The proceeds from the sales of the books will be donated to a local Council on Aging. The generous contributions of authors like myself have come from all over the world. The result is a book with different perspectives, reminiscences, and tales that reflect not only local culture, but a variety of customs, ethnicities, and lifestyles.
I am honored to have my two stories titled, A Neighborly Friendship and A Sweetheart of a Story included in this collection. A Sweetheart of a Story was selected as the final story in the book because the editor felt it was the perfect selection to provide a sweet ending to the anthology. Buy a copy or ten or more for yourself and others…perhaps your local memory care community would love to include the reading of this book to their senior activity schedule! Currently only $12 for this 322-page large print storybook.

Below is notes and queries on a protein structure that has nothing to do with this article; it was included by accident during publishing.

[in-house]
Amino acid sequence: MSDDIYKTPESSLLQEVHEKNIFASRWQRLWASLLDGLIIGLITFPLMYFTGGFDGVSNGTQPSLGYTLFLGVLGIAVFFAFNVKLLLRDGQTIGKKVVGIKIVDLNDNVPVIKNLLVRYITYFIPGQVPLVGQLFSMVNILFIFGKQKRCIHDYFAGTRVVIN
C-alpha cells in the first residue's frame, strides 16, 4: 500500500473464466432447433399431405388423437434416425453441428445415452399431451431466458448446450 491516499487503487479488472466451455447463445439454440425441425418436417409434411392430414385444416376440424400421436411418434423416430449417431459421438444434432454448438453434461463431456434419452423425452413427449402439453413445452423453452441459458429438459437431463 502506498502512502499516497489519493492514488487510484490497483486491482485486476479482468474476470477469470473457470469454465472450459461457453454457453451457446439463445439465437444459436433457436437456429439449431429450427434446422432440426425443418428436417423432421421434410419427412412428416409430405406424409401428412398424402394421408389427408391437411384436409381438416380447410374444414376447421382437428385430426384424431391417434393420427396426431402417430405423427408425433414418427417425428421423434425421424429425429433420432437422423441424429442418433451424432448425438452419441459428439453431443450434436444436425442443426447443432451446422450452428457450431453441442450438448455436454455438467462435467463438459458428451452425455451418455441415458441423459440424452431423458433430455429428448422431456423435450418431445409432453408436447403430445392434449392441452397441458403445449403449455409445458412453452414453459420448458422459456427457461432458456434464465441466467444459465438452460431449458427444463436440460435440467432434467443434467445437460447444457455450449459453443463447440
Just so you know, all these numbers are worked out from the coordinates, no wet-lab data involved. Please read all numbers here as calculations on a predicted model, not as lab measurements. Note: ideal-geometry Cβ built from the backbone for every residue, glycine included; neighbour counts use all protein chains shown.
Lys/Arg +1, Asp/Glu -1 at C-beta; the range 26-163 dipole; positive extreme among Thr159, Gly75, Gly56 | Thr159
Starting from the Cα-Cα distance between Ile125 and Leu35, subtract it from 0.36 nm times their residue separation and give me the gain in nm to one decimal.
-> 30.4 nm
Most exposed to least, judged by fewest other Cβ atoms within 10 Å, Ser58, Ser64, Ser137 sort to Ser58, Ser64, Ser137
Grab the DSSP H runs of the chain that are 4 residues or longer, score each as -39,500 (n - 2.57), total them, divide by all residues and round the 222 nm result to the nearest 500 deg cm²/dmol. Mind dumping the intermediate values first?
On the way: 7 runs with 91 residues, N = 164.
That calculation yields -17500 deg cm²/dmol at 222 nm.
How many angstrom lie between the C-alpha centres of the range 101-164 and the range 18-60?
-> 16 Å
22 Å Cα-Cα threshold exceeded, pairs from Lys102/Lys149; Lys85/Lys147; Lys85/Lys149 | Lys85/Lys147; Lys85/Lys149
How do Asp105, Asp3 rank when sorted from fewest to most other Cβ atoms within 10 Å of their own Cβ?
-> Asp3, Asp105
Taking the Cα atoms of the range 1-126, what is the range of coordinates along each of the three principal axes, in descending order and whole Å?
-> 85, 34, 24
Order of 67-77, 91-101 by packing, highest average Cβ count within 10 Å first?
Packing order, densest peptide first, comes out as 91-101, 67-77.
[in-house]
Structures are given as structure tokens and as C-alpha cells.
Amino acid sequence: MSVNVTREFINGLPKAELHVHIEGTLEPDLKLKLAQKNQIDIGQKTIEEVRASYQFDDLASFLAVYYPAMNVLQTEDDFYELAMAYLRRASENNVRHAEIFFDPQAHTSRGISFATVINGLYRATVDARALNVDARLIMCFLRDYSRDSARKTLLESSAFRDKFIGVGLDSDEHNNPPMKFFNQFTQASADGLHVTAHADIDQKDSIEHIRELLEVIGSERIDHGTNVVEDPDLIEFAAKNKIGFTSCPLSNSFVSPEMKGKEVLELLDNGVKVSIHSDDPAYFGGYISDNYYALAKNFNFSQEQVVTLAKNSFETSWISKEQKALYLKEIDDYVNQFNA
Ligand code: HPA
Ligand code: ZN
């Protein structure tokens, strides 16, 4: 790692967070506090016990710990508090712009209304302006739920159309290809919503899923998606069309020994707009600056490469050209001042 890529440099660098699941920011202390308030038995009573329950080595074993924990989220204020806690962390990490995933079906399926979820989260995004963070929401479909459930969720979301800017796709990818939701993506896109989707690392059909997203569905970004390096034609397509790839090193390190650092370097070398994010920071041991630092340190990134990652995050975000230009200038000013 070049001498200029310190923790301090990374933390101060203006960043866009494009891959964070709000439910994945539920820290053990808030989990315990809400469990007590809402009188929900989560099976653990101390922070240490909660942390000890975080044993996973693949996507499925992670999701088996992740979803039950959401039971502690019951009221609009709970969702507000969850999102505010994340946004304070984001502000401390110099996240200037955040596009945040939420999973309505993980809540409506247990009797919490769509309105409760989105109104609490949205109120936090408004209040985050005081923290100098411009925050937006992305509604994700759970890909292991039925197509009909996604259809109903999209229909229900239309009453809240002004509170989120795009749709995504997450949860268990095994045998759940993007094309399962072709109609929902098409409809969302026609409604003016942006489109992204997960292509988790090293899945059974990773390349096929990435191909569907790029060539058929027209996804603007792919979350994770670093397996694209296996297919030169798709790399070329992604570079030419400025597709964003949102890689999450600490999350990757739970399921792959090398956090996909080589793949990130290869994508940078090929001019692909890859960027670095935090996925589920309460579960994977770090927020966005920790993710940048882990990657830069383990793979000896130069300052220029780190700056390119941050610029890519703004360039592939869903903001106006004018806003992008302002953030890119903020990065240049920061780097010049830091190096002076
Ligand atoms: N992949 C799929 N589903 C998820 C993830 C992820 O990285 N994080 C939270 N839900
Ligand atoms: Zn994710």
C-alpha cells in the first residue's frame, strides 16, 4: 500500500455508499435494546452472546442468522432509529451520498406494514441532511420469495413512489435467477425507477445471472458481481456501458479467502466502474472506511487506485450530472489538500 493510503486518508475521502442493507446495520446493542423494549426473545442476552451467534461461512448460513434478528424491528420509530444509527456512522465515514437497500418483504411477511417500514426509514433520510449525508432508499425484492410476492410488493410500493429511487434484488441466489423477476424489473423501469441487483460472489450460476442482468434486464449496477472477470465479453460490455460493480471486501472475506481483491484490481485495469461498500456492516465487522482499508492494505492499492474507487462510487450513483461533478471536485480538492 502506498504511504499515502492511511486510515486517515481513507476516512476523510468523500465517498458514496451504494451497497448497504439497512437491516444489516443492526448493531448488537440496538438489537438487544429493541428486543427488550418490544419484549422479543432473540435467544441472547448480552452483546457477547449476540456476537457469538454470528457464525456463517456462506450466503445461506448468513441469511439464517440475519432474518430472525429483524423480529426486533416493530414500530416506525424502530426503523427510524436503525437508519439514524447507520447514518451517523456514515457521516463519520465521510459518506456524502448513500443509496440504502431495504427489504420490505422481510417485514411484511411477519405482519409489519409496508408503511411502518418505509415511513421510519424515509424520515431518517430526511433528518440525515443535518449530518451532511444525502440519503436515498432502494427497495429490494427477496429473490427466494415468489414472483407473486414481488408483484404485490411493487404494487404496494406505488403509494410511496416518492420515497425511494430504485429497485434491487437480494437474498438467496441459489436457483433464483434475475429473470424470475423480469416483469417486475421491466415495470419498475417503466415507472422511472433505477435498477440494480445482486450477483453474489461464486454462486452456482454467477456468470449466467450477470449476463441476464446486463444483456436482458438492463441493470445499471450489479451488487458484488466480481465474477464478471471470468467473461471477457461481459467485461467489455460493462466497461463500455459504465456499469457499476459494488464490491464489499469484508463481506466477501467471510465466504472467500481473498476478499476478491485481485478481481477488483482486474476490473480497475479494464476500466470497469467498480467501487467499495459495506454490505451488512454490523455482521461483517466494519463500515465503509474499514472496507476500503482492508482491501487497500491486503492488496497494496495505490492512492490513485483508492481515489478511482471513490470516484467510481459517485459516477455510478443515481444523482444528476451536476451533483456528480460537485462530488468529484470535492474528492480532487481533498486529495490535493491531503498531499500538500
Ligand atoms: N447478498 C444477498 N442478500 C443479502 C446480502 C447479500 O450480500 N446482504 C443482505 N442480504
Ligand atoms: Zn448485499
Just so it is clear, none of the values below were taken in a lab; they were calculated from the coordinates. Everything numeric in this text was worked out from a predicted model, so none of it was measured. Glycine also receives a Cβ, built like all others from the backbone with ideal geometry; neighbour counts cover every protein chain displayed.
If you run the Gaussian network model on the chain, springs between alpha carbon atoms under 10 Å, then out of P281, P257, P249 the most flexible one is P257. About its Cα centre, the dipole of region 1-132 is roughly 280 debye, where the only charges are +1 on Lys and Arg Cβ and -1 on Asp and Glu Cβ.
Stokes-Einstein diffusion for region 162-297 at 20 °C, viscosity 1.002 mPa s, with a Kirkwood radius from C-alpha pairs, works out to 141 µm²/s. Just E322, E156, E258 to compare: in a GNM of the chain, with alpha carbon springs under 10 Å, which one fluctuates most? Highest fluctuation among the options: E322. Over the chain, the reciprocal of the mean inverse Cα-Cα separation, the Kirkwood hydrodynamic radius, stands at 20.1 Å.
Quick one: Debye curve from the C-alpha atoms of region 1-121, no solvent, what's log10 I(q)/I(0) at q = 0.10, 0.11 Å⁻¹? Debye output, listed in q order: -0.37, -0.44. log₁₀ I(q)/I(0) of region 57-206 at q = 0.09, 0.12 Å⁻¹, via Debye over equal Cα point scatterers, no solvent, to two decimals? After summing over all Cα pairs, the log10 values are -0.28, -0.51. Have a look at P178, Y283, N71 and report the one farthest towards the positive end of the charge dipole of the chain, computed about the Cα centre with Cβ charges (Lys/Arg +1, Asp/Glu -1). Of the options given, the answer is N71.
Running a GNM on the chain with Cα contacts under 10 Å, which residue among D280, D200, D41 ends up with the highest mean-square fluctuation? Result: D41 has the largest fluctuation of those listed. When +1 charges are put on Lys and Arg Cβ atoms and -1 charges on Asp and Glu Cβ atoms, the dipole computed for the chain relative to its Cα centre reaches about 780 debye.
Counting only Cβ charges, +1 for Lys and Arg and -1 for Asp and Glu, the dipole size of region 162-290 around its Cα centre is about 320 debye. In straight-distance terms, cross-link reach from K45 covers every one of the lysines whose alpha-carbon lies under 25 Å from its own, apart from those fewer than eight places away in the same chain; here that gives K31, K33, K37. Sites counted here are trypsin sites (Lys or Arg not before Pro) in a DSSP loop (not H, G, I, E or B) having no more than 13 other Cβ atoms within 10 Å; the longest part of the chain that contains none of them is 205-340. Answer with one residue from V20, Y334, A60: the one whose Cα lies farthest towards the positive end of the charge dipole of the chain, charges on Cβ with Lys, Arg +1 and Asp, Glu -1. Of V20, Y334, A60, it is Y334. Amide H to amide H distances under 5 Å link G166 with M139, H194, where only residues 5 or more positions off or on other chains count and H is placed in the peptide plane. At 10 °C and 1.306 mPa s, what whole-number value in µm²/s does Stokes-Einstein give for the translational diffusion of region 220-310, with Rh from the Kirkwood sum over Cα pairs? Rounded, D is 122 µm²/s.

Gosh, I wish my sister and I didn’t live 765 miles away from each other; this photo expresses exactly how I feel.
We visit each other, but not often enough, and when we do visit each other, it’s just not the same. If we lived next door to each other we could pop into each other’s homes, take walks together, and talk face to face instead of by telephone.
We’re not getting any younger, nor are our husbands. Having close proximity to each other would guarantee in-person support for when life takes a toll on our bodies and minds, and let’s face it, regardless of how healthy you think you are, life happens when you least expect it. Our mother’s death, while she slept, is proof of that. So is our father’s diagnosis of Alzheimer’s disease that took his life four years later.